Motivations to Make Peace

 © 2001 Douglas E. Noll

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August 2001


George and Joanne Argyle contracted with Bill Johnson to build a custom home. The Argyles had saved and sacrificed for years to be able to afford their dream home. George had spent endless hours tinkering with the floor plan, and Joanne had accumulated a full file drawer full of ideas for the interior.They gave their detailed plans and specifications to Johnson who gave them a bid price of $400,000. The Argyles accepted the bid and directed Johnson to begin work.

Problems arose almost immediately. Johnson did not start the job immediately because of other projects. When he did begin, weather delays slowed him down. The Argyles watched the job carefully, comparing the work with the plans and specifications. They began to see deviations from the plans and called them out to Johnson. Slowly, the relationship deteriorated as trust was lost between the parties. Finally, Johnson had enough.He walked off the job with the house three-quarter’s complete.The Argyles hired another contractor to fix the defects and finish the job. The cost overrun was $150,000.

The inevitable lawsuit was filed and, eventually, the case was assigned to mediation.At  the mediation, emotions ran very high. The mediator, seeing how intractable the conflict had become, declared an impasse and ended settlement talks. What went wrong?

Intractable conflicts are deep-seated, emotionally driven disputes.They are intractable because no amount of common sense, logic, objectivity, or rational risk analysis will convince the parties to make peace. Working with intractable conflicts therefore requires a broader analysis than is typically provided by legal or business analysis.

MACBE, an acronym for Motivation, Affect, Cognition, Behavior, and Environment, is a useful model for analyzing and working with intractable conflicts.

Motivation concerns the parties’ desire to make peace. If the parties have truly little motivation to work out their differences, the conflict is intractable. In this case, the Argyles struggled with their deep anger at feeling deceived by Johnson and the turmoil he caused to their dream.They faced conflicting motivations—resolve the matter peacefully or seek vengeance in the courtroom. Johnson, in contrast, was highly motivated to settle, but not by paying much money. In a peacemaking process, the true motivations of the parties would be discussed at pre-mediation meetings. Perhaps the parties were not yet ready to make peace. In this case, the mediator could have continued to meet individually until the motivation levels had developed towards a true desire for peace.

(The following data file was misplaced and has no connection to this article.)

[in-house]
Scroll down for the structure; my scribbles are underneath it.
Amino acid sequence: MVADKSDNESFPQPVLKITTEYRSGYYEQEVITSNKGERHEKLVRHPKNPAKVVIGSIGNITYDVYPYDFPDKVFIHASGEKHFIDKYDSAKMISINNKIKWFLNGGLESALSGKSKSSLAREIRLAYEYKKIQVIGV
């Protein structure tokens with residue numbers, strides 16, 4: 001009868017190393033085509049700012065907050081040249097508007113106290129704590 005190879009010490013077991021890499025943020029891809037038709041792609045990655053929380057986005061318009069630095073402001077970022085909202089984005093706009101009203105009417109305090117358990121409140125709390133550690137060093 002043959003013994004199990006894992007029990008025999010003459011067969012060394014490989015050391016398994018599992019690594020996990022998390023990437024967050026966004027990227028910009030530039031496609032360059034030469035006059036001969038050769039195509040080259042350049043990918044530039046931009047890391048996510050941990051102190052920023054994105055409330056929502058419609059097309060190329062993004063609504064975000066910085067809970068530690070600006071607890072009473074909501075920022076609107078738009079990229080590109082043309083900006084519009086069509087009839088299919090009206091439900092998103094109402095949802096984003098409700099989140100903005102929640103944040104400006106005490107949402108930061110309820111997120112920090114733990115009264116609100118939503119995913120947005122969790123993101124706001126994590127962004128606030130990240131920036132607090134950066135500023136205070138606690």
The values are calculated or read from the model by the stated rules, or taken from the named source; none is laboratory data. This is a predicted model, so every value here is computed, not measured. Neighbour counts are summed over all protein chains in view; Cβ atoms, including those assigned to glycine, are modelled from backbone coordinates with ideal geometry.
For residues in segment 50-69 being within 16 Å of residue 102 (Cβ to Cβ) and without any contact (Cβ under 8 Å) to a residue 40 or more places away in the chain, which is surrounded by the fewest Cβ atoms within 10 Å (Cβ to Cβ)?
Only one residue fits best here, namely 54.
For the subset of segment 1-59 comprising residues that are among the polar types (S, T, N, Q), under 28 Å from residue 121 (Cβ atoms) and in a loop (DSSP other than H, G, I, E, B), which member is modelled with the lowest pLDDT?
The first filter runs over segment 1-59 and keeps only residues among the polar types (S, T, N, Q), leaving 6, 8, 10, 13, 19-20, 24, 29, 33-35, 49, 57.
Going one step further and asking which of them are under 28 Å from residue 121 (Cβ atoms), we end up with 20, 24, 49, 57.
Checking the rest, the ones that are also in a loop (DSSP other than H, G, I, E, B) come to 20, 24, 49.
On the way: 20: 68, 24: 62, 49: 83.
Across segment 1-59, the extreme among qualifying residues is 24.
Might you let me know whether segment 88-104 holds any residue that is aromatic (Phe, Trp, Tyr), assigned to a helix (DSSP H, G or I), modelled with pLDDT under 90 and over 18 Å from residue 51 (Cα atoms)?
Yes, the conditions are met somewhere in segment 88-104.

Affect describes the feelings and emotions experienced by the parties.In this case, the Argyles and Johnson were each deeply angry, frustrated, and humiliated. They did not take the time to acknowledge these feelings. Consequently, the mediation stalled against the wall of emotion. The parties’ feelings and emotions had to be exposed and acknowledged. This is done without blaming others, but as recognition of what people really feel.In many cases, simply acknowledging the validity of strong feelings can change the affective state of the parties.

Cognition describes the process of receiving, processing, and interpreting events around us. How people interpret conflict situations often determines whether they can see a way to make peace.In this case, the Argyles interpreted Johnson’s actions as dishonest, drawing the conflict picture in black and white terms. “We’re right; he’s wrong.End of discussion!” Re-stating events from a holistic perspective might have helped these parties overcome their cognitive limitations.

Behavior is what people do and say. In this case, accusations flew back and forth, escalating the conflict into further intractability. Behavior could be changed by enforcing simple ground rules and by building a commitment to cooperation and a momentum of agreement. Rather than allow the old behavioral pattern of attack-defend-attack to occur, the mediator could have guided the parties in very small steps towards cooperation.

Finally, the environment creates a context for the conflict. The cost overrun financially stressed the Argyles with accompanying stress in their relationship.Thus, they were not coming to the mediation from a place of peace, but from a place of intense anxiety. The joy they had expected in moving into their dream home had turned into a nightmare. Perhaps nothing could be done about the family stresses, but the environment within the mediation session could be controlled. In addition, the peacemaker could explore whether environmental factors were contributing to the intractability of the conflict.

Intractable conflicts are difficult. The MACBE model suggests that modifying one or more the five elements of conflict may de-escalate the conflict and move the parties to the peace that they are seeking, but find so hard to attain. The Argyle-Johnson conflict was difficult, but not impossible. With deeper understanding, the case might have been transformed.

Douglas E. Noll, Esq. is a lawyer specializing in peacemaking and mediation of difficult and intractable conflicts throughout California. His firm, Douglas E. Noll and Associates is based in Central California. He may be reached through his website www.nollassociates.com and email at doug@nollassociates.com

© 2001, Douglas E. Noll